Ancient Gandhara

Prehistoric Period

Evidence of Stone Age human inhabitants of Gandhara, including stone tools and burnt bones, was discovered at Sanghao near Mardan in area caves. The artifacts are approximately 15,000 years old. More recent excavations point to 30,000 years before present.

To date, no evidence of the Harappan Culture of the Indus Valley Civilization has been found in Gandhara. According to some scholars, the Aryans moved into Gandhara and the rest of North Western Pakistan around 1500BC.

The region shows an influx of southern Central Asian culture in the Bronze Age with the Gandhara grave culture, likely corresponding to immigration of Indo-Aryan speakers and the nucleus of Vedic civilization. This culture survived till 600 BC. Its evidence has been discovered in the hilly regions of Swat and Dir, and even at Taxila.

The name of the Gandhāris is attested in the Rigveda (RV 1.120.1) and in ancient inscriptions dating back to Achaemenid Persia. The Behistun inscription listing the 23 territories of King Darius I (519 BC) includes Gandāra along with Bactria and Thatagush (ϑataguš, Satagydia). In the book "Histories" by Heroditus, Gandhara is named as a source of tax collections for King Darius. The Gandhāris, along with the Balhika (Bactrians), Mūjavants, Angas, and the Magadhas, are also mentioned in the Atharvaveda (AV 5.22.14), as distant people. Gandharas are included in the Uttarapatha division of Puranic and Buddhistic traditions. The Aitareya Brahmana refers to king Naganajit of Gandhara who was contemporary of Janaka, king of Videha.

Gandhara had played an important role in the epic of Mahabharata, as the princess name Gandhari was married to Hastinapur's blind king Dhritrashtra and was mother of Duryodhana and other Kauravas. The prince of Gandhara, Shakuni was against this wedding, but accepted it fearing an invasion from Hastinapur. In the aftermath, Shakuni influences the Kaurava prince Duryodhana and plays a central role in the great war of Kurukshetra which eliminated the entire Kuru family including Bhishma and 100 Kaurava brothers. According to Puranic traditions, this country (Janapada) was founded by Gandhāra, son of Aruddha, a descendant of Yayāti. The princes of this country are said to have come from the line of Druhyu who was a king of the Druhyu tribe of the Rigvedic period. According to Vayu Purana (II.36.107), the Gandharas were destroyed by Pramiti aka Kalika, at the end of Kaliyuga.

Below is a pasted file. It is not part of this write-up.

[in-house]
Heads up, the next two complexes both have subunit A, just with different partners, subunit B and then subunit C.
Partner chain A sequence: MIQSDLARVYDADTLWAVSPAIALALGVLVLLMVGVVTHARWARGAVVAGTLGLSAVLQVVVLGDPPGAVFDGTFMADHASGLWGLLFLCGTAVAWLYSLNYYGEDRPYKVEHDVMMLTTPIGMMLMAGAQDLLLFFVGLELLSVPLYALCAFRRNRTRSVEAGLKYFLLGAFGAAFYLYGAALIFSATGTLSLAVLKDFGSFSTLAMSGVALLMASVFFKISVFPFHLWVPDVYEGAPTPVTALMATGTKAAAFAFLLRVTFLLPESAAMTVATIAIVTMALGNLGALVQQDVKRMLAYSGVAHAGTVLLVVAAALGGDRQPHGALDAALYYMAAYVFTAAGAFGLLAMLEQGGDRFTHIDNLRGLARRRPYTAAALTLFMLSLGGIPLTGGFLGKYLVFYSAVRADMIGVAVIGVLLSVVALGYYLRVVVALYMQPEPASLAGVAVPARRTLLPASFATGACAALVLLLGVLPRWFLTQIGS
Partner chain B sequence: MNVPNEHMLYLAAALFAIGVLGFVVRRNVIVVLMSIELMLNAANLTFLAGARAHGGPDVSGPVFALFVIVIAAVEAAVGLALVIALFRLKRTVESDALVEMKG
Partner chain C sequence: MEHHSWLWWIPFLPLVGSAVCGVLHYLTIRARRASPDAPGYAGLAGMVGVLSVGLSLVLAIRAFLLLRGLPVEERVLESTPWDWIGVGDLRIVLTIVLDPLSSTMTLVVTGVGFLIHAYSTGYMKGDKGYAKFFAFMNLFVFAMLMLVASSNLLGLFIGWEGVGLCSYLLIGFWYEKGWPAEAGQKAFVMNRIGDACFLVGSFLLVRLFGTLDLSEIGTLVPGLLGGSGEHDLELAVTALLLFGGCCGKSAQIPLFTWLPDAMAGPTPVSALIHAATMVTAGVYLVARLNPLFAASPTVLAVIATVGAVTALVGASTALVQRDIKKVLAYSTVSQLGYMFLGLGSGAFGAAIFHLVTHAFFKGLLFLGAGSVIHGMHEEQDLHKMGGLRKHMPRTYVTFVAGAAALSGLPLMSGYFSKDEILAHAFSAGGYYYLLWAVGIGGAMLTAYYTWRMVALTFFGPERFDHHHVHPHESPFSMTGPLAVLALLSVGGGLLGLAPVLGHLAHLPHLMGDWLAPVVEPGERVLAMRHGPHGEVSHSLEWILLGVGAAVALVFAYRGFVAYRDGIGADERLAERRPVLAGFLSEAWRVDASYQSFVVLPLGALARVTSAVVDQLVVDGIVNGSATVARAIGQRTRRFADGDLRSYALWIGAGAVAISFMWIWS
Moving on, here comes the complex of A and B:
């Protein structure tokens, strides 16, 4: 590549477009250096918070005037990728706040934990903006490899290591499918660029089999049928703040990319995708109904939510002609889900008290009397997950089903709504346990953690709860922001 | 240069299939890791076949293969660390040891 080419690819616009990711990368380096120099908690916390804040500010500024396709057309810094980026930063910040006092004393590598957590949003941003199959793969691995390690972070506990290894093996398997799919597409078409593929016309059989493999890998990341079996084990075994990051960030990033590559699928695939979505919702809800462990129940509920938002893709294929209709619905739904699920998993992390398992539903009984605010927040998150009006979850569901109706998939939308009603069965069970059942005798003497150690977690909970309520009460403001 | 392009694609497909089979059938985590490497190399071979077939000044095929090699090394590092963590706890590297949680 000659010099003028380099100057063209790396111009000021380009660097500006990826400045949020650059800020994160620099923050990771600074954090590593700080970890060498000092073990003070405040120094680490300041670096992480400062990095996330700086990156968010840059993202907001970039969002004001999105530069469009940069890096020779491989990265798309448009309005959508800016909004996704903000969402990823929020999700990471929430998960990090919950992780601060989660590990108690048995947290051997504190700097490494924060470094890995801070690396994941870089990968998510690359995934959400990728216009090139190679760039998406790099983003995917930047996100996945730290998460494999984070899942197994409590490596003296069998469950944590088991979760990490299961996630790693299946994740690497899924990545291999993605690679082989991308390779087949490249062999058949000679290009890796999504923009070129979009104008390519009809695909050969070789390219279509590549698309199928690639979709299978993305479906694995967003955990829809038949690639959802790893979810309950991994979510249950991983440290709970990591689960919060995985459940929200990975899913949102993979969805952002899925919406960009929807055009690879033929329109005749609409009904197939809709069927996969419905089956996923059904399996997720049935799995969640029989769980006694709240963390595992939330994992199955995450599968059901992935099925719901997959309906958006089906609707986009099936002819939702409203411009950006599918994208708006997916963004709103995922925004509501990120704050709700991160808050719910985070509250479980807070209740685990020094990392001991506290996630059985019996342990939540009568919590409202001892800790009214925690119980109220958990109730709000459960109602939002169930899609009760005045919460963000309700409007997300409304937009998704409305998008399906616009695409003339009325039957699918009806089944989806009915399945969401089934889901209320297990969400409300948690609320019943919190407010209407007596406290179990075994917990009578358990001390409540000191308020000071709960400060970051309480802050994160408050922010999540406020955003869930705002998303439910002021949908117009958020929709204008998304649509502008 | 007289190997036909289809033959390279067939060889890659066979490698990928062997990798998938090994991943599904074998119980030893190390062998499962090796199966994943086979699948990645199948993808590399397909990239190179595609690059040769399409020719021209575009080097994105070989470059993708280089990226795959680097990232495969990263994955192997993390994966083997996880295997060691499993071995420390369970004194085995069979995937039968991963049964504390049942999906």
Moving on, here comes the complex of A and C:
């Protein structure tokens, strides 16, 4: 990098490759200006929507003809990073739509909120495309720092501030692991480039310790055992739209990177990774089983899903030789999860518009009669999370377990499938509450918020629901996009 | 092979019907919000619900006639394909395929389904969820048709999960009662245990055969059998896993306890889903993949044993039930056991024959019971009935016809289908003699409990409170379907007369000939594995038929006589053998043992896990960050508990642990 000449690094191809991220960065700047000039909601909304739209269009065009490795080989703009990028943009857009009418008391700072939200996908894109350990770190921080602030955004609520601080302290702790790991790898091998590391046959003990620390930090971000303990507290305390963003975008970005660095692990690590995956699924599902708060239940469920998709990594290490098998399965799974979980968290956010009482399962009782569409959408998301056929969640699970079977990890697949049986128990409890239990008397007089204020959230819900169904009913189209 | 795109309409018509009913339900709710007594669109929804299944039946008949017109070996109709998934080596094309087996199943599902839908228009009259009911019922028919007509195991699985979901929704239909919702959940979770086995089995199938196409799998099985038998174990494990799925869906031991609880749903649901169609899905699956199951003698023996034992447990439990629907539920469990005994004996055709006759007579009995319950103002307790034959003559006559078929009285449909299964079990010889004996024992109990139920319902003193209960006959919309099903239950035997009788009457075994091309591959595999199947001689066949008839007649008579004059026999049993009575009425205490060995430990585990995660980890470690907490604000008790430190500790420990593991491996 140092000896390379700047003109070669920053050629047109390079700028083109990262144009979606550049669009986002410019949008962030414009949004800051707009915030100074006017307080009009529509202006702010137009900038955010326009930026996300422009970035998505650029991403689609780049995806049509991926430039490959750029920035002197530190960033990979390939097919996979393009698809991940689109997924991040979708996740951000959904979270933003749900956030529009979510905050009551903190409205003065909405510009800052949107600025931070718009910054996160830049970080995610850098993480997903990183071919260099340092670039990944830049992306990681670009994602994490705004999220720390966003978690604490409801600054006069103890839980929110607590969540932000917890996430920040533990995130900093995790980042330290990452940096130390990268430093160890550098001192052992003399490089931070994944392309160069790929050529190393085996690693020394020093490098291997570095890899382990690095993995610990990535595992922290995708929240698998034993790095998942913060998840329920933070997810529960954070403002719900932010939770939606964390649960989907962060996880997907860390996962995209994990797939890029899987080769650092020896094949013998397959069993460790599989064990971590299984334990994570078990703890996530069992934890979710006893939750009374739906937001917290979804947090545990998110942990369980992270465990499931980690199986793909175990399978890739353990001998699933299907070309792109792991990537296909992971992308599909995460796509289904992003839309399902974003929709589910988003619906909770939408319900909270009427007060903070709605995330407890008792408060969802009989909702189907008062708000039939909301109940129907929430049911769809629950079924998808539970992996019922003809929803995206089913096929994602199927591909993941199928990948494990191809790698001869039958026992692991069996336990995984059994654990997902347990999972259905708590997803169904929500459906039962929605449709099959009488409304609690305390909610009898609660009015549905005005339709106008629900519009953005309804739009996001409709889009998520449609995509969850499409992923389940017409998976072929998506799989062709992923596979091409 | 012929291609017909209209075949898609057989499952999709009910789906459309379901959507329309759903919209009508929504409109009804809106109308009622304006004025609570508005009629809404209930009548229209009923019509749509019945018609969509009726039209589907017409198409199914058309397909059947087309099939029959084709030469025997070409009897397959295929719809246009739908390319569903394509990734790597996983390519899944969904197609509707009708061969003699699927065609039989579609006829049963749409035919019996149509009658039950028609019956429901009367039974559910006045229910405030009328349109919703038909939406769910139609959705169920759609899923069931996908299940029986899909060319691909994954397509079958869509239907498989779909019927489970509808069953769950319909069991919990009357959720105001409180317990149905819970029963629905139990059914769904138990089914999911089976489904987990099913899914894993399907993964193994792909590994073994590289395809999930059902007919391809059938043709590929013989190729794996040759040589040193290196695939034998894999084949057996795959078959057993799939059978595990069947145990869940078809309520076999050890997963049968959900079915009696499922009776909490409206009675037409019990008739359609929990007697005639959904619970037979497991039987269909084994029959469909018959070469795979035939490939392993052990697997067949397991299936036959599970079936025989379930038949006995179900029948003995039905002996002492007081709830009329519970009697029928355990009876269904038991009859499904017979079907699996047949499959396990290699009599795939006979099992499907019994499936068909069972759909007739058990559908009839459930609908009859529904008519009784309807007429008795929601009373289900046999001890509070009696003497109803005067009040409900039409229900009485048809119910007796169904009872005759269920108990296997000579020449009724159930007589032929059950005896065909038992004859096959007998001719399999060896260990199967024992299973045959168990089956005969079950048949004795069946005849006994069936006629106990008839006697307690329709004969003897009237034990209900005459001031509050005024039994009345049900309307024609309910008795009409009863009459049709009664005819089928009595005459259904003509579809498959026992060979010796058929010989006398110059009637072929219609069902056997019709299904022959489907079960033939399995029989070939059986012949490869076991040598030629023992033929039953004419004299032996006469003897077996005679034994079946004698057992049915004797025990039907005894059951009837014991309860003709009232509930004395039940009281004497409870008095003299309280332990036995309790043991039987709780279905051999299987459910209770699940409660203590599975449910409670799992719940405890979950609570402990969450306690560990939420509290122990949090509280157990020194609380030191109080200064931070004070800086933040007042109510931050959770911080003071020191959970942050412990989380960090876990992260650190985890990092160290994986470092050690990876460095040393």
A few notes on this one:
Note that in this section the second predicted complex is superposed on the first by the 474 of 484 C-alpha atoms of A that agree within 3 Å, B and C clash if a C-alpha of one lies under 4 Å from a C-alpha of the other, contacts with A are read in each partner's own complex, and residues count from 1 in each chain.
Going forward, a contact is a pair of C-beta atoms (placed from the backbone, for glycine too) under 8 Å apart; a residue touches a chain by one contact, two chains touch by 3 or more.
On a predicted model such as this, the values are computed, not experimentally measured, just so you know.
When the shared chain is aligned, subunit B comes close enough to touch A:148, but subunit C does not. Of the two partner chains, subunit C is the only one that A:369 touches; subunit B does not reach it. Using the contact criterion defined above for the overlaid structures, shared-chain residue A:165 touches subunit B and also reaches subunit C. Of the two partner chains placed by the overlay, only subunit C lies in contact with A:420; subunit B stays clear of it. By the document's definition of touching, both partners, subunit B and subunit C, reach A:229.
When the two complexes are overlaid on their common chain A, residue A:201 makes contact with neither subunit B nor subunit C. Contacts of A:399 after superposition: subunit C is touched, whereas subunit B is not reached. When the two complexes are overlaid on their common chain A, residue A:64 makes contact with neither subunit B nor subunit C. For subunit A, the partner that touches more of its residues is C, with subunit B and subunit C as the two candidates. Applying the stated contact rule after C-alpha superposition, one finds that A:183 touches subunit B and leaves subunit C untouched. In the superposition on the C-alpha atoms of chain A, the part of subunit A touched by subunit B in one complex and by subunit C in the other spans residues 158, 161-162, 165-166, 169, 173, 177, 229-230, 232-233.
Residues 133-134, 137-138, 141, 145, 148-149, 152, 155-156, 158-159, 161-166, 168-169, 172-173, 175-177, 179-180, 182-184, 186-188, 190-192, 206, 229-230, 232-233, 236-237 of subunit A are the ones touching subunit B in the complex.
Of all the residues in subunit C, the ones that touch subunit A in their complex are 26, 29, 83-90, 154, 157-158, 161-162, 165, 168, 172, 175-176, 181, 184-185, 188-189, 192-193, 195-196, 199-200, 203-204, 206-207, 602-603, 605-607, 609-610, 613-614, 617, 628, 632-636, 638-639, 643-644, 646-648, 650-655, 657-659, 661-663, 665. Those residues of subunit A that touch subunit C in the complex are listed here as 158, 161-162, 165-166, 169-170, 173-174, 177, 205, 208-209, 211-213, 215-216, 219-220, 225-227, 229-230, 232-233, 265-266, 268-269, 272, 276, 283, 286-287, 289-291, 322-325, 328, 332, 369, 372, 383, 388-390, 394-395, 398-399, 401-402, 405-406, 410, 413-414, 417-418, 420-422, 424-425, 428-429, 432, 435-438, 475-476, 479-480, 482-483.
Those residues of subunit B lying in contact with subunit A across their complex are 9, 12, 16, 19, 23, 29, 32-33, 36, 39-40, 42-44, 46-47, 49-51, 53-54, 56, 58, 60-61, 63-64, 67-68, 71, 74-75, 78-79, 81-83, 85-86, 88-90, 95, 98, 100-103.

Mother Goddess (fertility divinity), derived from the Indus Valley tradition, terracotta, Sar Dheri, Gandhara, 1st century BC, Victoria and Albert Museum

The Gandhara kingdom sometimes also included Kashmir. Hecataeus of Miletus (549–468) refers to Kaspapyros (sometimes interpreted as referring to Kashmira) as a Gandaric city. According to Gandhara Jataka, (Jataka No 406), at one time, Gandhara formed a part of the kingdom of Kashmir. The Jataka also gives another name Chandahara for Gandhara. Buddhist texts like Anguttara Nikaya refer to sixteen great countries (Mahajanapadas) which flourished in the Indian subcontinent during Buddha's time; only two of them, the Gandhara and the Kamboja were located in the Uttarapatha or the northwestern division.

Gandhāra is also thought to be the location of the mystical Lake Dhanakosha, the birthplace of Padmasambhava, the founder of Tibetan Buddhism. The bKa' brgyud (Kagyu) sect of Tibetan Buddhism identifies the lake with the Andan Dheri stupa, located near the tiny village of Uchh near Chakdara in the lower Swat Valley. A spring was said to flow from the base of the stupa to form the lake. Archaeologists have found the stupa but no spring or lake can be identified.

Pushkalavati and Prayag